A Virtual Machine (VM) is a compute resource that uses software instead of a physical computer to run programs and deploy apps. One or more virtual “guest” machines run on a physical “host” machine. Each virtual machine runs its own operating system and functions separately from the other VMs, even when they are all running on the same host. This means that, for example, a virtual MacOS virtual machine can run on a physical PC.
Virtual machine technology is used for many use cases across on-premises and cloud environments. More recently, public cloud services are using virtual machines to provide virtual application resources to multiple users at once, for even more cost efficient and flexible compute.
Virtual machines (VMs) allow a business to run an operating system that behaves like a completely separate computer in an app window on a desktop. VMs may be deployed to accommodate different levels of processing power needs, to run software that requires a different operating system, or to test applications in a safe, sandboxed environment.
Virtual machines have historically been used for server virtualization, which enables IT teams to consolidate their computing resources and improve efficiency. Additionally, virtual machines can perform specific tasks considered too risky to carry out in a host environment, such as accessing virus-infected data or testing operating systems. Since the virtual machine is separated from the rest of the system, the software inside the virtual machine cannot tamper with the host computer.
The virtual machine runs as a process in an application window, similar to any other application, on the operating system of the physical machine. Key files that make up a virtual machine include a log file, NVRAM setting file, virtual disk file and configuration file.
Virtual machines are easy to manage and maintain, and they offer several advantages over physical machines:
VMs can run multiple operating system environments on a single physical computer, saving physical space, time and management costs.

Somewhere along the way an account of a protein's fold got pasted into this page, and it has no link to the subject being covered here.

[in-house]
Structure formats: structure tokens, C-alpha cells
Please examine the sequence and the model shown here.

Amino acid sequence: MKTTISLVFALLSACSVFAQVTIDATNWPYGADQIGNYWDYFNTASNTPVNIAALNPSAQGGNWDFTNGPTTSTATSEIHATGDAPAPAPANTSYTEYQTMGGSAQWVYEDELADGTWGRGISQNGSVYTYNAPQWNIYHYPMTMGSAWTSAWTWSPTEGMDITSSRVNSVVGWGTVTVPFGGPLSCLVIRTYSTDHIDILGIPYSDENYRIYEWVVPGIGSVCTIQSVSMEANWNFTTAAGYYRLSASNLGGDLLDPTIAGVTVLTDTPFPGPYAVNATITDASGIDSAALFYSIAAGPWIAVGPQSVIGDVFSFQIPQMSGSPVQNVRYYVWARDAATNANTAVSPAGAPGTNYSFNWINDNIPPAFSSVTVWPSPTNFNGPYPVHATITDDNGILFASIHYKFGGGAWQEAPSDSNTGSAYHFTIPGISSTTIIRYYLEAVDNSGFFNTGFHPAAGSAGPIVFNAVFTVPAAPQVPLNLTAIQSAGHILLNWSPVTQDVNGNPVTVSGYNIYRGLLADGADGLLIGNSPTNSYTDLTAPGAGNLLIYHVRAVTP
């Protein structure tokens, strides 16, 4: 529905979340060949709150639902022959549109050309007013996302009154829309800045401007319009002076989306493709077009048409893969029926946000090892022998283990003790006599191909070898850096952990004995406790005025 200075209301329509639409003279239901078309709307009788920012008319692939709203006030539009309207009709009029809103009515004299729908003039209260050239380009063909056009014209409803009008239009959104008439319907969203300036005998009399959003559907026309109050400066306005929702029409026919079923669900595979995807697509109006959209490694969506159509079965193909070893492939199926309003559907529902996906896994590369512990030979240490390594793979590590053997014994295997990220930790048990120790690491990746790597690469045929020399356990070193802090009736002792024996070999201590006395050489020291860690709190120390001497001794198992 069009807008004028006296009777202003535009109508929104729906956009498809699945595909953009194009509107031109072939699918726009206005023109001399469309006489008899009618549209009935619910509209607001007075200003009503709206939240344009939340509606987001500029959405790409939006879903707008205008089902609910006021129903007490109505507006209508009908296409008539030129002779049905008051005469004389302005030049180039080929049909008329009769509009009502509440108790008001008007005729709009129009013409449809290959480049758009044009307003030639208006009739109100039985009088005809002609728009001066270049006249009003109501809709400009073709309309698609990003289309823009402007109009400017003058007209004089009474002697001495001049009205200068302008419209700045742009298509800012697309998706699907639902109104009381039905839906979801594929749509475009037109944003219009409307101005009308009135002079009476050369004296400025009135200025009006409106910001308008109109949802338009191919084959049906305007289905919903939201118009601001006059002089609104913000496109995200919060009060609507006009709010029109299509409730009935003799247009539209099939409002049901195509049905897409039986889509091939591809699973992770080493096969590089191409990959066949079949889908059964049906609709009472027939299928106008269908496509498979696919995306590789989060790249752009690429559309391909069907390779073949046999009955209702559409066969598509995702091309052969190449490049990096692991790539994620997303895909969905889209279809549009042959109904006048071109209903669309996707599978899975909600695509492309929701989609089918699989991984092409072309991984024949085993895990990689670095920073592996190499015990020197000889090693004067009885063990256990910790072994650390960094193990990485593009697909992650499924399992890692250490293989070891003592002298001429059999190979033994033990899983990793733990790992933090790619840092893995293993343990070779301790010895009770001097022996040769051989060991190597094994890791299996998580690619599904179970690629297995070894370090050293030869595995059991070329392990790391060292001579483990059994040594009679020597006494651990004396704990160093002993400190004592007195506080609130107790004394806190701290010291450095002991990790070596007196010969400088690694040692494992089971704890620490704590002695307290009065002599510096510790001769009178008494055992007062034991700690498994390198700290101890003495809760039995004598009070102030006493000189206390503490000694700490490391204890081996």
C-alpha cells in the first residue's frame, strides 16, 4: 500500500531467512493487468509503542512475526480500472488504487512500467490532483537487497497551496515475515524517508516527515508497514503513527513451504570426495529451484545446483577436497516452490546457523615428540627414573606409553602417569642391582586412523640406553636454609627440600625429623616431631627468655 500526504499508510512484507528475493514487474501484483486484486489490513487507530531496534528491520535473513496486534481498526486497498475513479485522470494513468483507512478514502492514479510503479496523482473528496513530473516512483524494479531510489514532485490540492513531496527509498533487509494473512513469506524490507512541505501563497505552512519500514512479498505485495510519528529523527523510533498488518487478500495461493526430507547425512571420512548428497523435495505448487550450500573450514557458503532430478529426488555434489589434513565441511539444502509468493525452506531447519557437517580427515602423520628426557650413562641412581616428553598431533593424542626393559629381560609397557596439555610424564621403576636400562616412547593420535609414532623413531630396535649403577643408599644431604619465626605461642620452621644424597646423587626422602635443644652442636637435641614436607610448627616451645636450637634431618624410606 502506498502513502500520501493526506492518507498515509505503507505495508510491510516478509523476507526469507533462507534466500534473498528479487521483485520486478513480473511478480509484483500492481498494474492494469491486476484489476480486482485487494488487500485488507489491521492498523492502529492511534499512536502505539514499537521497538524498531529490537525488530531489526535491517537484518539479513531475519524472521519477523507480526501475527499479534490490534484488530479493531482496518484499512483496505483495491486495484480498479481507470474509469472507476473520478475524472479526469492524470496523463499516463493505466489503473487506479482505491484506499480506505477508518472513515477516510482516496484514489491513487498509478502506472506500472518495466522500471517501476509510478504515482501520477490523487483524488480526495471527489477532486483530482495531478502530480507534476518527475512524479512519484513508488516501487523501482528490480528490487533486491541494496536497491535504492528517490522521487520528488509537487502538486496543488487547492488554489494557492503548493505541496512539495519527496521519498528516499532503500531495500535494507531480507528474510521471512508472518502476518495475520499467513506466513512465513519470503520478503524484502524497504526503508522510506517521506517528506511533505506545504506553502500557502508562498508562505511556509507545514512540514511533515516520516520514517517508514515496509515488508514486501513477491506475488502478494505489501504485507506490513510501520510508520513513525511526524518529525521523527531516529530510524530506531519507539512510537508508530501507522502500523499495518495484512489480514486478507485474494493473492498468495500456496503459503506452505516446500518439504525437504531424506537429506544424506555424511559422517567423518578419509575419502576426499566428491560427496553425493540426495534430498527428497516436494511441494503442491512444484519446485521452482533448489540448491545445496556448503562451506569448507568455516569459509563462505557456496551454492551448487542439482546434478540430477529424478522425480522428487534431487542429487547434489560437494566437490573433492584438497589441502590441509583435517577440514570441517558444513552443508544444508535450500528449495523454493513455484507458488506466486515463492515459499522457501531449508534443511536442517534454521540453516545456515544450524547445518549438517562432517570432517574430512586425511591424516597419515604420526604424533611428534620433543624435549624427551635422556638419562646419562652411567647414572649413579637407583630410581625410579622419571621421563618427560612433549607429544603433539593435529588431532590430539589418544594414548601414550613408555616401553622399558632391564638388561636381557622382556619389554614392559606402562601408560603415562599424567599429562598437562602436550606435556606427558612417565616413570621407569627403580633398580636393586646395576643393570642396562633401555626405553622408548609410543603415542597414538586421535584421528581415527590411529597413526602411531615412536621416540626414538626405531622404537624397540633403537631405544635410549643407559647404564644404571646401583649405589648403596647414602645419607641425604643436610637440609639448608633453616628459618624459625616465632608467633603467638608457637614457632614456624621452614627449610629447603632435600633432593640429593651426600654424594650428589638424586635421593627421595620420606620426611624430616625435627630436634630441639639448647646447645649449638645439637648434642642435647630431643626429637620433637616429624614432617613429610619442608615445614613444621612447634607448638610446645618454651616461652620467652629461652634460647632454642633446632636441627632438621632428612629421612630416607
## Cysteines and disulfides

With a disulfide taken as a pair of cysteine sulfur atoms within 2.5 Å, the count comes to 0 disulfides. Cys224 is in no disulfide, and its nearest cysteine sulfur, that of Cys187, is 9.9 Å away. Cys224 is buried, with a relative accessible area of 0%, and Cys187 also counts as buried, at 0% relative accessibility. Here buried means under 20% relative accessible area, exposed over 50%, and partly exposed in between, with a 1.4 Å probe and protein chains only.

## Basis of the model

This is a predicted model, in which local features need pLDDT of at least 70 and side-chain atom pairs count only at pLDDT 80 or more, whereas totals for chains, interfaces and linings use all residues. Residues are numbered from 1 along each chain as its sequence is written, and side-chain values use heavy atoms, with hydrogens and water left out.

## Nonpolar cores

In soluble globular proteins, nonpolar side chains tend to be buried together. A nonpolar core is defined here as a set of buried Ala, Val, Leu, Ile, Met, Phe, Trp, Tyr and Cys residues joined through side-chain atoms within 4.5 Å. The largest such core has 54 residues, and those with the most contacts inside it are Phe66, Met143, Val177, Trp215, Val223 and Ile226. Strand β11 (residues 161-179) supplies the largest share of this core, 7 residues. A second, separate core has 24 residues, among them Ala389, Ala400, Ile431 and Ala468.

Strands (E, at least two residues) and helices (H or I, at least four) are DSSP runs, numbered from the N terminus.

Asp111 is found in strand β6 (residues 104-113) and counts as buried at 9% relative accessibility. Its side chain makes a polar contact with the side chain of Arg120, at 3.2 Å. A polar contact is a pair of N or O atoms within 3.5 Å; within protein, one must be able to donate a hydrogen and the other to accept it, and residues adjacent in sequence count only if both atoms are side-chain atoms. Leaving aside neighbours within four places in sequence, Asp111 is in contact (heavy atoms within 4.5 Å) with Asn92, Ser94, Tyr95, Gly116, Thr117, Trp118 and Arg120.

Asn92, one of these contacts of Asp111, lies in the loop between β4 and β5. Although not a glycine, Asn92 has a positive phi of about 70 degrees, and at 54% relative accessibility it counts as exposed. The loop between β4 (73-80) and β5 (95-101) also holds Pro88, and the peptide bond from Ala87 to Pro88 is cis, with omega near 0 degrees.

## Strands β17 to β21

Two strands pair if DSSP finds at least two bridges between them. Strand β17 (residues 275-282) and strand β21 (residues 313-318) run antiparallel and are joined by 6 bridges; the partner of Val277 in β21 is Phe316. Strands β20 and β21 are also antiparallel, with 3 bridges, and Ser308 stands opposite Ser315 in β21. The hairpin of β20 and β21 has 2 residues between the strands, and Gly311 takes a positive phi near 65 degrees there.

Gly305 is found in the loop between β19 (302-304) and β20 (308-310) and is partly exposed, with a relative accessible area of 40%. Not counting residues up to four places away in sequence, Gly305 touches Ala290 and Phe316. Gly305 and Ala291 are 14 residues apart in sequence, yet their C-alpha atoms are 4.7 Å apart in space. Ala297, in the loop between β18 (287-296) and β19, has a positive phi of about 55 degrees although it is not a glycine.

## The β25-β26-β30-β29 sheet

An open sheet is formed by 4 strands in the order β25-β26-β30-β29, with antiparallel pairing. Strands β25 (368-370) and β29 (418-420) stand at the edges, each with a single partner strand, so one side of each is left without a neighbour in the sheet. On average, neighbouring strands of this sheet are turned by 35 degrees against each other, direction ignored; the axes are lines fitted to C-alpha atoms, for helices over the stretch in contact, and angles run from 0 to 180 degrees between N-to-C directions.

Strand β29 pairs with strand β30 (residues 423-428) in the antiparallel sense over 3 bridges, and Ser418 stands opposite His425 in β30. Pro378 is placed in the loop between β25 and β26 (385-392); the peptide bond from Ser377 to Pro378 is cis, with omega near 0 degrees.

Virtual machines support legacy applications, reducing the cost of migrating to a new operating system. For example, a Linux virtual machine running a distribution of Linux as the guest operating system can exist on a host server that is running a non-Linux operating system, such as Windows.
VMs can also provide integrated disaster recovery and application provisioning options.
While virtual machines have several advantages over physical machines, there are also some potential disadvantages:
Running multiple virtual machines on one physical machine can result in unstable performance if infrastructure requirements are not met.
Virtual machines are less efficient and run slower than a full physical computer. Most enterprises use a combination of physical and virtual infrastructure to balance the corresponding advantages and disadvantages.
Users can choose from two different types of virtual machines—process VMs and system VMs:
A process virtual machine allows a single process to run as an application on a host machine, providing a platform-independent programming environment by masking the information of the underlying hardware or operating system. An example of a process VM is the Java Virtual Machine, which enables any operating system to run Java applications as if they were native to that system.
A system virtual machine is fully virtualized to substitute for a physical machine. A system platform supports the sharing of a host computer’s physical resources between multiple virtual machines, each running its own copy of the operating system. This virtualization process relies on a hypervisor, which can run on bare hardware, such as VMware ESXi, or on top of an operating system.
All the components of a traditional data center or IT infrastructure can be virtualized today, with various specific types of virtualization: